After a happy three hours on the farm, I was making my way to the exit when I noticed what I first thought were strips of plastic in the field. Curious I approached more closely to find a flock of Cattle Egrets.

I’d seen Little and Great Western Egrets, but until now I’d not found any of this species. They were busy feeding in a scrape that had filled with water.

I last saw a Cattle Egret in 1977 in Gibraltar. I think they’re now making a comeback on the Somerset Levels, in the UK.

Bird List 7-2-20

Woodchat Shrike, Cattle Egret, Southern Grey Shrike, Isabelline Wheatear, Graceful Prynia, Spanish Sparrow, Pied Wheatear,  Marsh Harrier, Hoopoe, Isabelline (Daurian) Shrike.

New and Updated Alternate Common Names Available – eBird

New and Updated Alternate Common Names Available – eBird

25/09/2020 Birding, eBird, News

Whether you know Podiceps cristatus as Great Crested Grebe, Bahri, or Somormujo lavanco, your eBird experience can display bird names in your preferred language. With 9 new options, the Cornell Lab of Ornithology now offers bird common names in 78 languages and regional dialects – including 15 variations of Spanish and 6 for French!
Recent additions to common names include Arabic, Asturian, Azerbaijani, Catalan, Gallegan, and Slovak as well as two new regional versions of Spanish (Peru and Paraguay) and one additional version of French customized for French Guiana.  We also now have complete global namesets for German, French, Japanese, Norwegian, Slovak, Spanish (Spain), and Turkish. Dutch, Icelandic, Polish, Russian, Serbian, and Swedish have names for 30-90% of eBird’s taxonomy.
There are regional versions of English too, so you can report Great Northern Divers and Grey Partridges instead of Common Loons and Gray Partridges. See the full list of available languages and learn more about bird common names in eBird.
Setting your preferred language for common names
Select your preferred language for common names on the web in your eBird Preferences: https://ebird.org/prefs. These will apply to eBird.org, Macaulay Library, and Birds of the World. Within the eBird Mobile and Merlin Bird ID apps, set your common name preference under Settings and Account. Please note that settings for common names are separate from the language display on the mobile and web interfaces.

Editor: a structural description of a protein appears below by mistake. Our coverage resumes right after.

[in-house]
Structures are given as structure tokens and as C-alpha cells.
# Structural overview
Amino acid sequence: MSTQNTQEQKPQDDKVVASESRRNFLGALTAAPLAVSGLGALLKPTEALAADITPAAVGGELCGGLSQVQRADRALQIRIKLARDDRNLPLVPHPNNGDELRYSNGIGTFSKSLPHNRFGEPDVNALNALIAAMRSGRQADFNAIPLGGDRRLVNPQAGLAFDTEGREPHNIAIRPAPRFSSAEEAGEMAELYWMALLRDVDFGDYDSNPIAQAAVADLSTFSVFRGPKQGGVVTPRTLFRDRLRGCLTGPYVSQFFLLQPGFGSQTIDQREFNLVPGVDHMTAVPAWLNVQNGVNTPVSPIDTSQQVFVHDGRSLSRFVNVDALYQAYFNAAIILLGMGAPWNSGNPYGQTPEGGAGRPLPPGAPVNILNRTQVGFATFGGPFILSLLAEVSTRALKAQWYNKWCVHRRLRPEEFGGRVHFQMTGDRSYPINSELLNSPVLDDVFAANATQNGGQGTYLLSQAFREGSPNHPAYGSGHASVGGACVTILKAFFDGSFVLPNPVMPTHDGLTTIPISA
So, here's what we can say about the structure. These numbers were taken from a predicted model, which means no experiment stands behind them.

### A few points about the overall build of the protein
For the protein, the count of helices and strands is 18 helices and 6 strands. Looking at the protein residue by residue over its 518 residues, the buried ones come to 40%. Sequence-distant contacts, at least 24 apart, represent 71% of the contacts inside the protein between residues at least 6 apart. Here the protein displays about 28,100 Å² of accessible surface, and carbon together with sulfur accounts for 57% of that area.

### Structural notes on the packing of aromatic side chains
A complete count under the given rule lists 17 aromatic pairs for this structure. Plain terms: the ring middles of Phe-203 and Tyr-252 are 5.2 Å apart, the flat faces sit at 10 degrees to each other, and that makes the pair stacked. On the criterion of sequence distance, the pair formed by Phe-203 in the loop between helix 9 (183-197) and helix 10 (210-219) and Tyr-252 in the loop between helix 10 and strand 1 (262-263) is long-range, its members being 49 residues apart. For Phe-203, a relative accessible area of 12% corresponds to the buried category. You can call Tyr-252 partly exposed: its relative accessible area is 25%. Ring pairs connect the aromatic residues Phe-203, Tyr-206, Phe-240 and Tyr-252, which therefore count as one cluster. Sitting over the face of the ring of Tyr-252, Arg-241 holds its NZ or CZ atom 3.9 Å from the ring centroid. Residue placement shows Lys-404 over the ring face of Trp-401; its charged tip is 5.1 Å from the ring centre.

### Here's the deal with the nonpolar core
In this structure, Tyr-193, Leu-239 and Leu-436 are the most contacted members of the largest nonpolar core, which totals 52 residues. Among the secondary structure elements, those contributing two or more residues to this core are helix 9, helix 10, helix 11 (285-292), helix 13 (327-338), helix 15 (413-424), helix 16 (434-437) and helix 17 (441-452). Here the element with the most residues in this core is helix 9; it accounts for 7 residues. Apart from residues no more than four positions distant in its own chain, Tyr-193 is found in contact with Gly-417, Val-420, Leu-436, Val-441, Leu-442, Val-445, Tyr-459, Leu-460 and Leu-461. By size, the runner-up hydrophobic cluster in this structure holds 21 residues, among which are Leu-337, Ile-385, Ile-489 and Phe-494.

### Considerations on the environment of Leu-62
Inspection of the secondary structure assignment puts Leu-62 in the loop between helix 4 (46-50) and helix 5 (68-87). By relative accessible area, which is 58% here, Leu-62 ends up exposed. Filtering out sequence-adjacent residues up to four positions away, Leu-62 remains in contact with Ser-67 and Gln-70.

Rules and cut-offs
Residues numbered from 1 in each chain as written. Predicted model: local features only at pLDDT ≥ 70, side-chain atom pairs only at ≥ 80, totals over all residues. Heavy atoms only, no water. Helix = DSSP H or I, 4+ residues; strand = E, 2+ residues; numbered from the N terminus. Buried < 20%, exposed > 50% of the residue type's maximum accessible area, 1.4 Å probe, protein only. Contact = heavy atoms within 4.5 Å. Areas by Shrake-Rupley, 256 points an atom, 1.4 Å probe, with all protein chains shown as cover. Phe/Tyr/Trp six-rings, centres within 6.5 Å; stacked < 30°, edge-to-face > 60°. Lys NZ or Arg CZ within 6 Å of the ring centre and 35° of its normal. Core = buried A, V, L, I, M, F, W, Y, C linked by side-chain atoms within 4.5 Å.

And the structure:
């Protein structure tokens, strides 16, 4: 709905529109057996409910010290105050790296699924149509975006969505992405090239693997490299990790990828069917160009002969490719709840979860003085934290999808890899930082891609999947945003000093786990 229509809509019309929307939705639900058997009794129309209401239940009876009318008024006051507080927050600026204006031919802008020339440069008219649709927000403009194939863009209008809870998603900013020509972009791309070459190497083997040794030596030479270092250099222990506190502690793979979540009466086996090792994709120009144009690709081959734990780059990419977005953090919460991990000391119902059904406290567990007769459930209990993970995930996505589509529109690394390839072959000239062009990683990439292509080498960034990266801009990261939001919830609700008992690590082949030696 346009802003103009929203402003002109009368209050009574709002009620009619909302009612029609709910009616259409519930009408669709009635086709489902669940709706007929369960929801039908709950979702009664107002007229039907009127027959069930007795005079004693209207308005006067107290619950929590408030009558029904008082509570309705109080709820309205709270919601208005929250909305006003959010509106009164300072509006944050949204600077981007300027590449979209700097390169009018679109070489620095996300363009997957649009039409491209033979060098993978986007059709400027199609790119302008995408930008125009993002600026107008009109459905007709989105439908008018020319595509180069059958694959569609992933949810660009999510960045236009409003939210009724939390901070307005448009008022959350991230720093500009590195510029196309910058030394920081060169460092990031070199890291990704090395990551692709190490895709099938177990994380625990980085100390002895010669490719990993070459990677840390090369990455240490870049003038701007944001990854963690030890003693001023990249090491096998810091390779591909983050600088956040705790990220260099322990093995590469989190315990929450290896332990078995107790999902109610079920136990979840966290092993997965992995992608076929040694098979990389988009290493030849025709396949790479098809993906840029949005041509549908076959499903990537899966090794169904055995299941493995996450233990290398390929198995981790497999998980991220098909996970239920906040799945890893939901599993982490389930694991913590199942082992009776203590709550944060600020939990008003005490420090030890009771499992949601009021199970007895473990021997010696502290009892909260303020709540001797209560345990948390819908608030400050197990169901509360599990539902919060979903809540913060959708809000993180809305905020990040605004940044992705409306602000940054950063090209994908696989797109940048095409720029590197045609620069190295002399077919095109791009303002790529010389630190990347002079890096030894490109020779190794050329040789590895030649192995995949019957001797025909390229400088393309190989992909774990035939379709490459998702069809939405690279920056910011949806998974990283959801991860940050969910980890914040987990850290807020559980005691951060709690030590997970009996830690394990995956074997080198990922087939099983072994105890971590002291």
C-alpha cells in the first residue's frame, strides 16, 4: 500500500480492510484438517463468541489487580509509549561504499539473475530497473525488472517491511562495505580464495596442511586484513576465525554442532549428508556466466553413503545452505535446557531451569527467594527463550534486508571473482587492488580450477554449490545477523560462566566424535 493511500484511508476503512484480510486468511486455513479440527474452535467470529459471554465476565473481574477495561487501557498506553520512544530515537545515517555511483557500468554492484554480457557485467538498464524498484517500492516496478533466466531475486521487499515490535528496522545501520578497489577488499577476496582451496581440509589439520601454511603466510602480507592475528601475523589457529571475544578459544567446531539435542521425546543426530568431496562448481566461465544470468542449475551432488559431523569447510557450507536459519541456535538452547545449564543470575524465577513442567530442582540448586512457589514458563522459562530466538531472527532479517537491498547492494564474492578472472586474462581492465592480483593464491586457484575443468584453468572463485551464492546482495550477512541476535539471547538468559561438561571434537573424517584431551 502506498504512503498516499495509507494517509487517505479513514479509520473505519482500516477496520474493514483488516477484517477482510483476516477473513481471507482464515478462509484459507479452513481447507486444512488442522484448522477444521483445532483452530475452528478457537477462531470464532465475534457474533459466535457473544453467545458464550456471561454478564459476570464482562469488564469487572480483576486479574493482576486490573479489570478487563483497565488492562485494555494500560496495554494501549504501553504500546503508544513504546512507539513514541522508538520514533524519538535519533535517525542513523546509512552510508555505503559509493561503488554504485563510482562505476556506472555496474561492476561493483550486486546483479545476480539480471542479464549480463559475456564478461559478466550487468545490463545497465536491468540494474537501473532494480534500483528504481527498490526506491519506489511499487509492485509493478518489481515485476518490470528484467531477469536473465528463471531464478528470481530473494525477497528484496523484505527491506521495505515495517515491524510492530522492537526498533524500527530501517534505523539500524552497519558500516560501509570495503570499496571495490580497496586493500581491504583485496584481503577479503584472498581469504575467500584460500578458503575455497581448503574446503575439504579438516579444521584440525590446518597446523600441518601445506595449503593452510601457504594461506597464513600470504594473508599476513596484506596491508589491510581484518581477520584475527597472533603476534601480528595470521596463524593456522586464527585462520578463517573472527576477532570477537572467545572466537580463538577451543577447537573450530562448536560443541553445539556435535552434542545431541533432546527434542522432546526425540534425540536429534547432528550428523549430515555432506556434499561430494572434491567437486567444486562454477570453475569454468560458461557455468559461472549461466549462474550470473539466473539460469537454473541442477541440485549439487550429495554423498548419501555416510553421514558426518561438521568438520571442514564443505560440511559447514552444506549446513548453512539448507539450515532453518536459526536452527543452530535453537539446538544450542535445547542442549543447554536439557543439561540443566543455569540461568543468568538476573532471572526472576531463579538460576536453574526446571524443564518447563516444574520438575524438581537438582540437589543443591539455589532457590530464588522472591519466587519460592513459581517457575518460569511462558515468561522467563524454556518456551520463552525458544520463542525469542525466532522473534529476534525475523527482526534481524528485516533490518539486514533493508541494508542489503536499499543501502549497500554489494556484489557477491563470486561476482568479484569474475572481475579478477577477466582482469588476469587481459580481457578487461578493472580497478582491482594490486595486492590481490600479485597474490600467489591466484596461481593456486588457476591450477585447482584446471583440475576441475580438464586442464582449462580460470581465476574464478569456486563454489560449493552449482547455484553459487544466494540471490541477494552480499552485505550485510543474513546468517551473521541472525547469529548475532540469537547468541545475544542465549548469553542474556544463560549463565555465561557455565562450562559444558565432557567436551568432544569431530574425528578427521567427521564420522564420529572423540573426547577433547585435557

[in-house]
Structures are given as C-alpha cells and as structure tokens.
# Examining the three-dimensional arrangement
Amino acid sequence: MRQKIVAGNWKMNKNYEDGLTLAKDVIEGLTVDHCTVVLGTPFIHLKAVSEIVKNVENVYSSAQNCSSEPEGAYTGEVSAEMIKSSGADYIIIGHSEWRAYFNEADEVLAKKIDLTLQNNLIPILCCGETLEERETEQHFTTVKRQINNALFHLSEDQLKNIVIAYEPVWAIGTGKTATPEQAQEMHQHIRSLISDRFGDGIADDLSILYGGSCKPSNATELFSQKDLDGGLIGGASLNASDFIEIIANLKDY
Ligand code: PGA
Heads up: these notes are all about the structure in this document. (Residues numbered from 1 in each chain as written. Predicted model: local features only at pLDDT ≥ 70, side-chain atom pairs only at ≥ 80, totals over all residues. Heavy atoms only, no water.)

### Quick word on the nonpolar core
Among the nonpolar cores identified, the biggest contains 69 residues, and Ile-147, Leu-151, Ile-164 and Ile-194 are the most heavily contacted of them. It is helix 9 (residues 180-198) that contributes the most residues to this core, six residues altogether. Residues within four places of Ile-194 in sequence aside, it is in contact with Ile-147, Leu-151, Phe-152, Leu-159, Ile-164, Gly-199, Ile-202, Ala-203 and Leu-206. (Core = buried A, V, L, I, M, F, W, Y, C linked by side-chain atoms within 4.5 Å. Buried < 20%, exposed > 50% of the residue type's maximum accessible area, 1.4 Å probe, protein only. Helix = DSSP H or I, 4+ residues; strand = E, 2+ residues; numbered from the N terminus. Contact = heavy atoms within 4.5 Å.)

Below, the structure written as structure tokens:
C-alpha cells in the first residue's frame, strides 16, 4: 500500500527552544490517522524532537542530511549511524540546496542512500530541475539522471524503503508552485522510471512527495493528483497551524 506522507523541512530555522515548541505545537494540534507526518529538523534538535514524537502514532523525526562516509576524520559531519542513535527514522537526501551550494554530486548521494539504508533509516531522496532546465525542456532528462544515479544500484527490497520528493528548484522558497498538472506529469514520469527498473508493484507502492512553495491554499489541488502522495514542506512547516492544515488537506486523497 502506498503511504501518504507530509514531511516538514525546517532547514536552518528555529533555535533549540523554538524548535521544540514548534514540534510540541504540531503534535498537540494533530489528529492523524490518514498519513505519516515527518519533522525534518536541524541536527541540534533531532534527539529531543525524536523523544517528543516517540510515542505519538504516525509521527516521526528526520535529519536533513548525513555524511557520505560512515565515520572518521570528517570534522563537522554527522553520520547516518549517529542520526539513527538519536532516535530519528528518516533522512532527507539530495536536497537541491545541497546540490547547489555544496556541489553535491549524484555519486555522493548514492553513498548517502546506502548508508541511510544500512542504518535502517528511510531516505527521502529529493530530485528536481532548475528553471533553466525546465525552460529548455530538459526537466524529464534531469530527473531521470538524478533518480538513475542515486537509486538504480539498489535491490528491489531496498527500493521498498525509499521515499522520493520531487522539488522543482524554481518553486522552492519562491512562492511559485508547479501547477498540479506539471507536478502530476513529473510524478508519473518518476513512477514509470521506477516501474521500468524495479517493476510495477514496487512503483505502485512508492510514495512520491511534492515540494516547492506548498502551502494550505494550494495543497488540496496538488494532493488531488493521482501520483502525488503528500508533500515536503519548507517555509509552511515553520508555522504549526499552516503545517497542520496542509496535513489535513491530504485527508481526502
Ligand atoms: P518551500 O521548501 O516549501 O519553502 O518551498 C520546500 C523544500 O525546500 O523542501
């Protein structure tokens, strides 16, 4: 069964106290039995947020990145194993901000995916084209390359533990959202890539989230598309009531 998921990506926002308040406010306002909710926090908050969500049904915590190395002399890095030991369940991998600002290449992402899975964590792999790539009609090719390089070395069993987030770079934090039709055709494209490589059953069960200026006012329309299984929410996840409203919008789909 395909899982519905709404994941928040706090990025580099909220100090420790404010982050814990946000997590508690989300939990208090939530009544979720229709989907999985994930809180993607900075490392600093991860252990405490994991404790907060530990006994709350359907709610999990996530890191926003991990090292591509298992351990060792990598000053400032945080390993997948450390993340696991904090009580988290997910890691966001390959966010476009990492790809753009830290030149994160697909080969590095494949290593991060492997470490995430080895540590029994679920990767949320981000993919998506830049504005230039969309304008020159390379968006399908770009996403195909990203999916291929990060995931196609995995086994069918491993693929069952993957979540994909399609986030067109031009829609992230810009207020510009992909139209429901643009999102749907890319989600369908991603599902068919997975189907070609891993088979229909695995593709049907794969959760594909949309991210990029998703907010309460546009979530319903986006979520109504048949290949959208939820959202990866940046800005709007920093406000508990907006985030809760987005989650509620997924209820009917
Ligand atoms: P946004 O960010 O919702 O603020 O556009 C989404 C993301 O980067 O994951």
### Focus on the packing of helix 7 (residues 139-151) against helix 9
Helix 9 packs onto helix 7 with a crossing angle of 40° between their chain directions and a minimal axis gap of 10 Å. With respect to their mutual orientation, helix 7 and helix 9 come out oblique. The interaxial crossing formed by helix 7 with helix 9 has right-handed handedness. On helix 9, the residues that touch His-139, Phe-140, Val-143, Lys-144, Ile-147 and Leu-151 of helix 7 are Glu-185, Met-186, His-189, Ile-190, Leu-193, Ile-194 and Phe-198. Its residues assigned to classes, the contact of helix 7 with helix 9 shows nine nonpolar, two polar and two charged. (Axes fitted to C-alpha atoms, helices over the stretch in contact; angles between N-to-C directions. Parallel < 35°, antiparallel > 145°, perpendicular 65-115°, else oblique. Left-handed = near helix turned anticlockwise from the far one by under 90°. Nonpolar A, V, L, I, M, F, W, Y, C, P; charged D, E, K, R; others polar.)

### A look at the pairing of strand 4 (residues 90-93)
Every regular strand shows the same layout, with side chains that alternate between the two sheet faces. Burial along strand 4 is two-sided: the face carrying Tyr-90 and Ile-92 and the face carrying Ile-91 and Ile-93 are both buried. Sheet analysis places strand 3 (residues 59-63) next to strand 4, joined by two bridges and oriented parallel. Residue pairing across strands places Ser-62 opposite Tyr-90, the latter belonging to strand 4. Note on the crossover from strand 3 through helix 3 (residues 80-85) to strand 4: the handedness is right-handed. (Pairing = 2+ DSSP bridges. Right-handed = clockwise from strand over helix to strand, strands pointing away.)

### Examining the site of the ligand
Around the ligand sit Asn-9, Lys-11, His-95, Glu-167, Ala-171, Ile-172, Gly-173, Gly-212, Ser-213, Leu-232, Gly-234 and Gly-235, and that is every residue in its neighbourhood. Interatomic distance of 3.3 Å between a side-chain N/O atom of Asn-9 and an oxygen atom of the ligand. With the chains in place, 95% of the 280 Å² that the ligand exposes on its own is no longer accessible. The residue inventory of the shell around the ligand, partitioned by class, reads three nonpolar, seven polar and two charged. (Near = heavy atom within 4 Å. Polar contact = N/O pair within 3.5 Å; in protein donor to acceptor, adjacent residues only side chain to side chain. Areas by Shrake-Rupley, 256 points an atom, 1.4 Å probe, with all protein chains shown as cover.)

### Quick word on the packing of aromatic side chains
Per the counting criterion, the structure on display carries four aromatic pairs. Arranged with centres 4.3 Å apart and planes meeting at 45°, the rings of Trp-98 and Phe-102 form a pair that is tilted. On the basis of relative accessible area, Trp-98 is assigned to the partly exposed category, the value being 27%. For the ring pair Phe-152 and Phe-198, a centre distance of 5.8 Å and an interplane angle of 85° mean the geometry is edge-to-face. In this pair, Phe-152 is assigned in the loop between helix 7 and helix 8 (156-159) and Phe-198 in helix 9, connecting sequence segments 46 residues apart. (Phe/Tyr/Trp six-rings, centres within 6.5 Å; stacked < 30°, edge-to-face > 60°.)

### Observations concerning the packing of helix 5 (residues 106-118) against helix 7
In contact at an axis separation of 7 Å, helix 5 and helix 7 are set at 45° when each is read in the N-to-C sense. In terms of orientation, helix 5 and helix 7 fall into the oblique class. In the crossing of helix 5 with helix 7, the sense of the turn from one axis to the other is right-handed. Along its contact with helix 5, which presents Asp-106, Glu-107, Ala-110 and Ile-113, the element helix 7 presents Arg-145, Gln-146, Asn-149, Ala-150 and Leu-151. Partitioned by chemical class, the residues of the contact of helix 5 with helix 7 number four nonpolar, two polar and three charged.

Become a volunteer translator
Volunteer translators provide these names and are critical to the success of eBird and other Cornell Lab projects. Many thanks to our network of partners around the world for making more common name options available!
Do you want to help us translate Cornell Lab projects? Please fill out this form: Join the eBird translators team.

House sparrow © Christoph Moning / Macaulay Library

A sparrow by any other name… 
To demonstrate the diversity of common names, here are 59 different options for Passer domesticus available in eBird, Merlin, the Macaulay Library, and Birds of the World:

Language
Common name

Arabic
دوري منزلي

Asturleonese
Pardal común

Azerbaijani
Dam sərçəsi

Bulgarian
Домашно врабче

Catalan
Pardal comú

Chinese – Mandarin (traditional)
家麻雀

Chinese, Simple
家麻雀

Creole, Haiti
Mwano kay

Croatian
Vrabac

Czech
vrabec domácí

Danish
Gråspurv

Dutch
Huismus

English, Kenya
House Sparrow

English, United States
House Sparrow

Euskera
Etxe-txolarrea

Faroese
Gráspurvur

Finnish
varpunen

French
Moineau domestique

Galician
Pardal común

German
Haussperling

Hebrew
דרור הבית

Hungarian
Házi veréb

Icelandic
Gráspör

Indonesian
Burung-gereja Rumah

Italian
Passera oltremontana

Japanese
イエスズメ

Korean
집참새

Latvian
Mājas zvirbulis

Lithuanian
Naminis žvirblis

Malayalam
അങ്ങാടിക്കുരുവി

Mongolian
Оронгийн бор шувуу

Norwegian
gråspurv

Polish
wróbel

Portuguese, Brazil
pardal

Portuguese, Portugal
Pardal-do-telhado

Romanian
Vrabie de casă

Russian
Домовый воробей

Serbian
Vrabac pokućar

Slovak
vrabec domový

Slovenian
Domači vrabec

Spanish
Gorrión común

Spanish, Argentina
Gorrión

Spanish, Chile
Gorrión

Spanish, Costa Rica
Gorrión Común

Spanish, Cuba
Gorrión

Spanish, Dominican Republic
Gorrión Doméstico

Spanish, Ecuador
Gorrión Europeo

Spanish, Mexico
Gorrión Doméstico

Spanish, Panama
Gorrión Doméstico

Spanish, Paraguay
Gorrión

Spanish, Peru
Gorrión Casero

Spanish, Puerto Rico
Gorrión Doméstico

Spanish, Spain
Gorrión común

Spanish, Uruguay
Gorrión

Spanish, Venezuela
Gorrión Común

Swedish
gråsparv

Thai
นกกระจอกใหญ่

Turkish
Serçe

Ukrainian
Горобець хатній

Read More